The Atmos Re DAC catastrophe bond transaction, which is sponsored by Italian primary insurer UnipolSai Assicurazioni S.p.A., has now had its sole €45 million tranche of notes priced at what was the top-end of the initial coupon guidance range.
The Atmos Re catastrophe bond originally hit the market back in November 2018 and saw sponsor UnipolSai seeking a €90 million source of collateralised reinsurance across two tranches of notes that would be issued.
The response from ILS investors was not as positive as hoped for and the transaction soon disappeared from sight, while the issuing teams sought a solution that would be palatable for investors.
The solution was to place the higher risk tranche in the reinsurance market, while the lower risk tranche came back to cat bond investors with new price guidance.
The Atmos Re cat bond will provide broad coverage for so-called “atmospheric phenomena,” snow pressure and flood risks.
More details on the cat bond and the coverage it offers can be found in our Deal Directory.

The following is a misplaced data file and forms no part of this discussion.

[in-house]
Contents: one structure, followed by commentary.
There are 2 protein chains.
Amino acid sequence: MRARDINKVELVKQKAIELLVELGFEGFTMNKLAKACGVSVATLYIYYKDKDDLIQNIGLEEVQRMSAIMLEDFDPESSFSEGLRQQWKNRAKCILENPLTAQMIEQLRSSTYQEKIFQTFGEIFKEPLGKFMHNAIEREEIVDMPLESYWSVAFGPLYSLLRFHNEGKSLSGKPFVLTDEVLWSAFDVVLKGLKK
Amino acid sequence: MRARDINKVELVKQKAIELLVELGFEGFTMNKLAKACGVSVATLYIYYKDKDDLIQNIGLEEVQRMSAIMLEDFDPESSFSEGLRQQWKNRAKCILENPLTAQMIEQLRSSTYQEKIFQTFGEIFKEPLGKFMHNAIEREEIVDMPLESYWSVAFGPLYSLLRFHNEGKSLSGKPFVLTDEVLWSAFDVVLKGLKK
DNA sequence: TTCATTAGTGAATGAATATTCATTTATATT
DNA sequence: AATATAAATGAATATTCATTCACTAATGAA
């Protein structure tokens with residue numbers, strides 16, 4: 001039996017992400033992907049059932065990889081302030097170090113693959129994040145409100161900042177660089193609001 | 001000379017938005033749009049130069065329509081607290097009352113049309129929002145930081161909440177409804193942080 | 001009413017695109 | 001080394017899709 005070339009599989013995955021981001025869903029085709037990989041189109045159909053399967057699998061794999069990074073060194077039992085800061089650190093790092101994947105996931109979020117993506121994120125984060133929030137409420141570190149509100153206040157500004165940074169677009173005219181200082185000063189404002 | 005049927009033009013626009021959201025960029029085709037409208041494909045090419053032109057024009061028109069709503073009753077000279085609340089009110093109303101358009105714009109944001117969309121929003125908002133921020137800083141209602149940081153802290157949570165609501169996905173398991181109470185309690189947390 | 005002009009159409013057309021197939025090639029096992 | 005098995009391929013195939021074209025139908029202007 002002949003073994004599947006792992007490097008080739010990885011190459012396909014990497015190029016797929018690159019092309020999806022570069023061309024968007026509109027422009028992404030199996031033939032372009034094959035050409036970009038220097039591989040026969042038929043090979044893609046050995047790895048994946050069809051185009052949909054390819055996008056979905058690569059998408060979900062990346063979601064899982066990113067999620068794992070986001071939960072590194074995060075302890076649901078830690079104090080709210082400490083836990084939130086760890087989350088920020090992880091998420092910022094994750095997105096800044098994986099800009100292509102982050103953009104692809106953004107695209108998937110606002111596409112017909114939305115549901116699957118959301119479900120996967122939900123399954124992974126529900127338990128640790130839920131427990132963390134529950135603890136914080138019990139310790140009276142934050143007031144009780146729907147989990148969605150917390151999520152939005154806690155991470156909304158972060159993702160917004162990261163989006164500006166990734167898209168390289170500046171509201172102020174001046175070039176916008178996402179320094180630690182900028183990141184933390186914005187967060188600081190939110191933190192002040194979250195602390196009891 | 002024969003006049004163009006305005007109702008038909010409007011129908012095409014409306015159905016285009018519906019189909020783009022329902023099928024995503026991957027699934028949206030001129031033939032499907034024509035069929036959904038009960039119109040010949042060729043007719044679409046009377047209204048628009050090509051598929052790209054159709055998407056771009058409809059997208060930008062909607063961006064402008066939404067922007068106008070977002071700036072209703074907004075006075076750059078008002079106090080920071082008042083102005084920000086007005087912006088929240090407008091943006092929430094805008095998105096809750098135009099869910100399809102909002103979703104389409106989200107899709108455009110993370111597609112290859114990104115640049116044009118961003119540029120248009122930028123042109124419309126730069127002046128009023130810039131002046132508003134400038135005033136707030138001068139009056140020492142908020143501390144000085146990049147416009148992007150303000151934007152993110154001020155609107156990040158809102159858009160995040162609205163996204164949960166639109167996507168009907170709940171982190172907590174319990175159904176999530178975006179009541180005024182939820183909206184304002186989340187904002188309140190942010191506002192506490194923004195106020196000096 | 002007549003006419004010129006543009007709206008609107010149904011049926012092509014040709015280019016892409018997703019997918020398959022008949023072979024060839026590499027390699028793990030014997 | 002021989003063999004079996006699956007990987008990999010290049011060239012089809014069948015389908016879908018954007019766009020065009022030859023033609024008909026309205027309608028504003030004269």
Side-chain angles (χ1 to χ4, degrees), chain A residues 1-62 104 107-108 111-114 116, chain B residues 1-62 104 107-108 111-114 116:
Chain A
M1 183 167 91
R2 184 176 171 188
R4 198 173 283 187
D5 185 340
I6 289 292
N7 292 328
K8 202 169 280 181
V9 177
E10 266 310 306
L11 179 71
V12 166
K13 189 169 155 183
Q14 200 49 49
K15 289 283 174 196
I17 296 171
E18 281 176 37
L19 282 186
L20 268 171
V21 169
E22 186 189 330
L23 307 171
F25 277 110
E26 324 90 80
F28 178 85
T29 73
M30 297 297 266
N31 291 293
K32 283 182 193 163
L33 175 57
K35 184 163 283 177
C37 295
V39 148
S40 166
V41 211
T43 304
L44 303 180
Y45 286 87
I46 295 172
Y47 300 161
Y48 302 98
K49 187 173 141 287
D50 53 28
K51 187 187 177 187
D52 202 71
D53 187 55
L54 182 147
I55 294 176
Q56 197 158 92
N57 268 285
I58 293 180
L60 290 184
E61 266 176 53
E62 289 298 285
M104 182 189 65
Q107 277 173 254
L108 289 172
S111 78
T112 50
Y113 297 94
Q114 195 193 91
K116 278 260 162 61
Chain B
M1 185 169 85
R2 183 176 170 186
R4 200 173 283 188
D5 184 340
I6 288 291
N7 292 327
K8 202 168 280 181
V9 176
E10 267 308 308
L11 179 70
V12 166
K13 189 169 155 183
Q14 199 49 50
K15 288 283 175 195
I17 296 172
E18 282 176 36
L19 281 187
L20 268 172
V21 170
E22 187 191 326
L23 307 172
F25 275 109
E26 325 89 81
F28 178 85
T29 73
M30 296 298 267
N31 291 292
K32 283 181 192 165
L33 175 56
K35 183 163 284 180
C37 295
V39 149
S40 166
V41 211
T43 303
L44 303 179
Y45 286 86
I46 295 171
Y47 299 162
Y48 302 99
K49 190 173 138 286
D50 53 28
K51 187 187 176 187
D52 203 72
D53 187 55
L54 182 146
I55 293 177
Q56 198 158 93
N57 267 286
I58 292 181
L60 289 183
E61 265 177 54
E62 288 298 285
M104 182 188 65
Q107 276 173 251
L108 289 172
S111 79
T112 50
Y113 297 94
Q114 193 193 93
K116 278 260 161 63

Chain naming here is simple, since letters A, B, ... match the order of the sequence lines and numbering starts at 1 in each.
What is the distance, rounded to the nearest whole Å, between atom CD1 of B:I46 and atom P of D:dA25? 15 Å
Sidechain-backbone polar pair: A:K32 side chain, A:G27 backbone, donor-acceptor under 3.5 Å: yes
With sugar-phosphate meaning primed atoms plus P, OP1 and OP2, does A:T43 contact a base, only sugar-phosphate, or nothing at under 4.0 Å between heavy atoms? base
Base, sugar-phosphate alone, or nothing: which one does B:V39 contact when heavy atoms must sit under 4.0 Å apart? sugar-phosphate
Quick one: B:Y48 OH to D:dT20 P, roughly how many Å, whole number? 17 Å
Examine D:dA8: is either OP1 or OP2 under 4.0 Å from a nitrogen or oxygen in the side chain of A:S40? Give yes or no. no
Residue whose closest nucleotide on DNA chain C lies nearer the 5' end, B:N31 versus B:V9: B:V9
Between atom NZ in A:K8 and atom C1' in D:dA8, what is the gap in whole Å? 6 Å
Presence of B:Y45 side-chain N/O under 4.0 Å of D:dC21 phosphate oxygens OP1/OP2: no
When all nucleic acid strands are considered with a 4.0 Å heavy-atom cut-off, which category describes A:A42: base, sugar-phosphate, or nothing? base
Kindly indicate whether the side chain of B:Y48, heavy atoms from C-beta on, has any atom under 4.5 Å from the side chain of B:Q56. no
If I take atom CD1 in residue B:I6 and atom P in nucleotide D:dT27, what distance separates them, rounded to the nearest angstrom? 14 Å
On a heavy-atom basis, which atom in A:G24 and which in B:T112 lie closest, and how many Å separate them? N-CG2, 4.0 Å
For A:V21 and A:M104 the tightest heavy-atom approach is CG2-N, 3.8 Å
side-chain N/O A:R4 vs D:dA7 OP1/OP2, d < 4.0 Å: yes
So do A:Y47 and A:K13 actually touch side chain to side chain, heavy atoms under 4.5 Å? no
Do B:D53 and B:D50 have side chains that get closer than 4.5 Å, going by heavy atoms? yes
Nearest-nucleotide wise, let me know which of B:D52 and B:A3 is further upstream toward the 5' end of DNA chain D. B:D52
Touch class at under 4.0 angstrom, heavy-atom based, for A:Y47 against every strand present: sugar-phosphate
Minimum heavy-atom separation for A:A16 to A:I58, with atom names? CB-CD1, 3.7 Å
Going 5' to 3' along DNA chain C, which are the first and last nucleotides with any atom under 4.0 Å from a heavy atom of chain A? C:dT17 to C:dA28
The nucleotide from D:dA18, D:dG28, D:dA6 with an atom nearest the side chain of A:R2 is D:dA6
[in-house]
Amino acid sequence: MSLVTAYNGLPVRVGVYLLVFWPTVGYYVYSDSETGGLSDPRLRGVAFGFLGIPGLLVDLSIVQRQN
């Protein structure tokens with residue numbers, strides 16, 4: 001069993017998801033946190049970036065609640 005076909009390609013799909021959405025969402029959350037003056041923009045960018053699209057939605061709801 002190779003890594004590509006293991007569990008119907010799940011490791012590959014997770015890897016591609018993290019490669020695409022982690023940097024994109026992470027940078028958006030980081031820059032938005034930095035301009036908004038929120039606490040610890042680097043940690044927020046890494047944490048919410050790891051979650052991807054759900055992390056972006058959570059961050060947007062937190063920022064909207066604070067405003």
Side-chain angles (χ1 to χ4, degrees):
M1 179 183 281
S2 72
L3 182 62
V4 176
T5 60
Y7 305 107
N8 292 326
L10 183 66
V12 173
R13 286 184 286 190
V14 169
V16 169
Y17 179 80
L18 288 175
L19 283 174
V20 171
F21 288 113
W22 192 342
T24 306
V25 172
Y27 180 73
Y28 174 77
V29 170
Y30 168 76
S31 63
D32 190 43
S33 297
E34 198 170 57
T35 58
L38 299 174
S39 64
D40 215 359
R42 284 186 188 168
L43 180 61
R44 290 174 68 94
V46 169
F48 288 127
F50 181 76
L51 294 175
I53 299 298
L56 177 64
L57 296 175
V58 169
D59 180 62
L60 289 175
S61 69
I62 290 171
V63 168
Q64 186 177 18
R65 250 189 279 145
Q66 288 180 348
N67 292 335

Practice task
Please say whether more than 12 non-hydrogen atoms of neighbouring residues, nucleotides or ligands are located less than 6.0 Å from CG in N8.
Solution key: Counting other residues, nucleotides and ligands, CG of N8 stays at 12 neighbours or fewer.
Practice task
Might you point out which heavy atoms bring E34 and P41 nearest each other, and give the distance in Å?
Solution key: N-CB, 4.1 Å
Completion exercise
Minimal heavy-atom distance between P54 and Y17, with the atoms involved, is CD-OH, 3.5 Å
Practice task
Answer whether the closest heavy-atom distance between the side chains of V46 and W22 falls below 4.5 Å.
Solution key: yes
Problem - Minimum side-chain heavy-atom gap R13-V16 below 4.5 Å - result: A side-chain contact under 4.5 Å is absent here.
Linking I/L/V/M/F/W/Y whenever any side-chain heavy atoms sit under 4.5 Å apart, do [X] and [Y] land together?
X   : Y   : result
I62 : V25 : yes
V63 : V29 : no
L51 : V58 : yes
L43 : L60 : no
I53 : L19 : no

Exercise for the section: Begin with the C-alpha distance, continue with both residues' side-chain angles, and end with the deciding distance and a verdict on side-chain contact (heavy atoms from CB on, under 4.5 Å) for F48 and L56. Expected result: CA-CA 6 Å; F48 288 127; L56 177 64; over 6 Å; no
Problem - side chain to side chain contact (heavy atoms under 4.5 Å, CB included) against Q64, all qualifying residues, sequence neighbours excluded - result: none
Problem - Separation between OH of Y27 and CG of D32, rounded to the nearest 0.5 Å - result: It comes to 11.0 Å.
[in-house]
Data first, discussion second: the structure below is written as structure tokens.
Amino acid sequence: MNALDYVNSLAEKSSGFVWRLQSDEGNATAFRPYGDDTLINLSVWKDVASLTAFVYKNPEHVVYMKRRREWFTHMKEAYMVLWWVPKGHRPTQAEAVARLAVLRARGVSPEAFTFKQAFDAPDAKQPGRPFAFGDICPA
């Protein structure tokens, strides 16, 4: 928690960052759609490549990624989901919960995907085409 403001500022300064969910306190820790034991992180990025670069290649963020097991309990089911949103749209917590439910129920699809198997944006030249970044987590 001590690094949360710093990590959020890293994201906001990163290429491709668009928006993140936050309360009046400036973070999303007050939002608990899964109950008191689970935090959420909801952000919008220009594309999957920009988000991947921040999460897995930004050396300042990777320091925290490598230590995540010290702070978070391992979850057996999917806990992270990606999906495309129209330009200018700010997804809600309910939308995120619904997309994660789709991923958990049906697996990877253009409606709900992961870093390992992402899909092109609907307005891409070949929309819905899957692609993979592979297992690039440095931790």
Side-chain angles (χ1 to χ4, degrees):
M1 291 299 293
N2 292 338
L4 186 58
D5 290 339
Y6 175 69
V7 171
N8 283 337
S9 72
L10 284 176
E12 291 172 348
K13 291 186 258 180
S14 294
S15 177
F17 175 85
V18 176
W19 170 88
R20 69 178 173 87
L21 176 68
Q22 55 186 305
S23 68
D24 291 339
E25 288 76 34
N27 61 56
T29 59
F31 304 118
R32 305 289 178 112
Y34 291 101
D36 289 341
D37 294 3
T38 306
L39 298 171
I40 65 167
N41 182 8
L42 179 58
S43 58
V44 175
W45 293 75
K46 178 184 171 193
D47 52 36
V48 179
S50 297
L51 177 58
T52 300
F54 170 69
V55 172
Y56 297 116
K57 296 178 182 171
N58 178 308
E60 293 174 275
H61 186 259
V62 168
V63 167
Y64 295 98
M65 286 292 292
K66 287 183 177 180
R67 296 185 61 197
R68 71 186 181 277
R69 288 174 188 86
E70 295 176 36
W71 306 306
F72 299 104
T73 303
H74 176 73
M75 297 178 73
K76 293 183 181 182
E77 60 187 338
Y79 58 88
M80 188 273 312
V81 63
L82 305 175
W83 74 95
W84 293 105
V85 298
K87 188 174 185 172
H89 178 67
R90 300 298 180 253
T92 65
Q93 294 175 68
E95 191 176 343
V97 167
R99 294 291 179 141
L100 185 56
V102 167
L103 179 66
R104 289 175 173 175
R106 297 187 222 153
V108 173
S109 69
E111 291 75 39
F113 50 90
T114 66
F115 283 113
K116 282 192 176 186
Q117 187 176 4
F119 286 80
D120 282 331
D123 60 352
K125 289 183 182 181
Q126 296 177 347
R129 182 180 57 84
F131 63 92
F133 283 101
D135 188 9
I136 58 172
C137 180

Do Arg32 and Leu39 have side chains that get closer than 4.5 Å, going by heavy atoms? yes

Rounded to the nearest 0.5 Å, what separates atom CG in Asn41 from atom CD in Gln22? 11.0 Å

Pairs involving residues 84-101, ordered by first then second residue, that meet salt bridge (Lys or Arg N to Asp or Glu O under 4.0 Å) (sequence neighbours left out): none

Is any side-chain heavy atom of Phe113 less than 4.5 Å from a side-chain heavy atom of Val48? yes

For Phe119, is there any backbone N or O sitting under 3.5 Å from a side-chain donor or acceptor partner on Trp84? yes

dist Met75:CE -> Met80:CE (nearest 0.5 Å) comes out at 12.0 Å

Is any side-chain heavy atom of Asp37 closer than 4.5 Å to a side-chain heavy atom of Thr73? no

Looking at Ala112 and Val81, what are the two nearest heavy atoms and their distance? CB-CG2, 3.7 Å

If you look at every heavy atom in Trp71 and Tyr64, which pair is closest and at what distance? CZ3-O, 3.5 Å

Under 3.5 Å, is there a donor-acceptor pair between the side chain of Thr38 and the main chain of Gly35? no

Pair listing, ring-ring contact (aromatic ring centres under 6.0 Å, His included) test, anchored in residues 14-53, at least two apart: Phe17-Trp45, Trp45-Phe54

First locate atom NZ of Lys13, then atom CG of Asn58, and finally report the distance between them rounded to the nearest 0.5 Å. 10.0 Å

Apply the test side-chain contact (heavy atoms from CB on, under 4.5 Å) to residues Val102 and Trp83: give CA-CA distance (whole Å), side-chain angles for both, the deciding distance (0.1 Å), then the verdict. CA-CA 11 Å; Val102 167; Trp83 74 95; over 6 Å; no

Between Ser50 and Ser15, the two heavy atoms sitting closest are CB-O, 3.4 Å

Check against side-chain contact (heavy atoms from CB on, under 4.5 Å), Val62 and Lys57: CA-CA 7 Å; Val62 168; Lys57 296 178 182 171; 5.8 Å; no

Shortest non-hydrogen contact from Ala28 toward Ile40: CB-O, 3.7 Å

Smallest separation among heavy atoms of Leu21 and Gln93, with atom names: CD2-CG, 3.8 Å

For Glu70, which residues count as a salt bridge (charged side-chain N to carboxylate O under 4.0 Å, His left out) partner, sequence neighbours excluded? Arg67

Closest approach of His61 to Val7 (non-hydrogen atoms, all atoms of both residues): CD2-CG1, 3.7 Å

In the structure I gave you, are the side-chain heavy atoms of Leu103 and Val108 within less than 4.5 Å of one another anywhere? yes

Atmos Re DAC will issue the remaining €45 million tranche of Class A notes and these will be sold to cat bond investors, to cover a layer of risk with an attachment probability of 1.31%, an initial expected loss of 0.45% and attaching at €145 million of losses to UnipolSai’s covered business.
Originally the €45 million Class A tranche notes was offered to investors with price guidance set in a range from 3.5% to 4.5%.
When the deal re-emerged the pricing guidance had risen, with the notes offered to investors with a coupon in a range from 4.25% to 4.75%.
Now the single-tranche cat bond has been priced, with the coupon settling at the top of the initial guidance range, at 4.5%, we understand.
It’s encouraging that a solution was found and that investor feedback was taken into account, resulting in sponsor UnipolSai getting the reinsurance coverage it needed, albeit not solely from the capital markets this time around.
The Atmos Re cat bond was a good test case though and shows that reinsurance for wide-ranging European severe weather risks can be secured in the catastrophe bond market.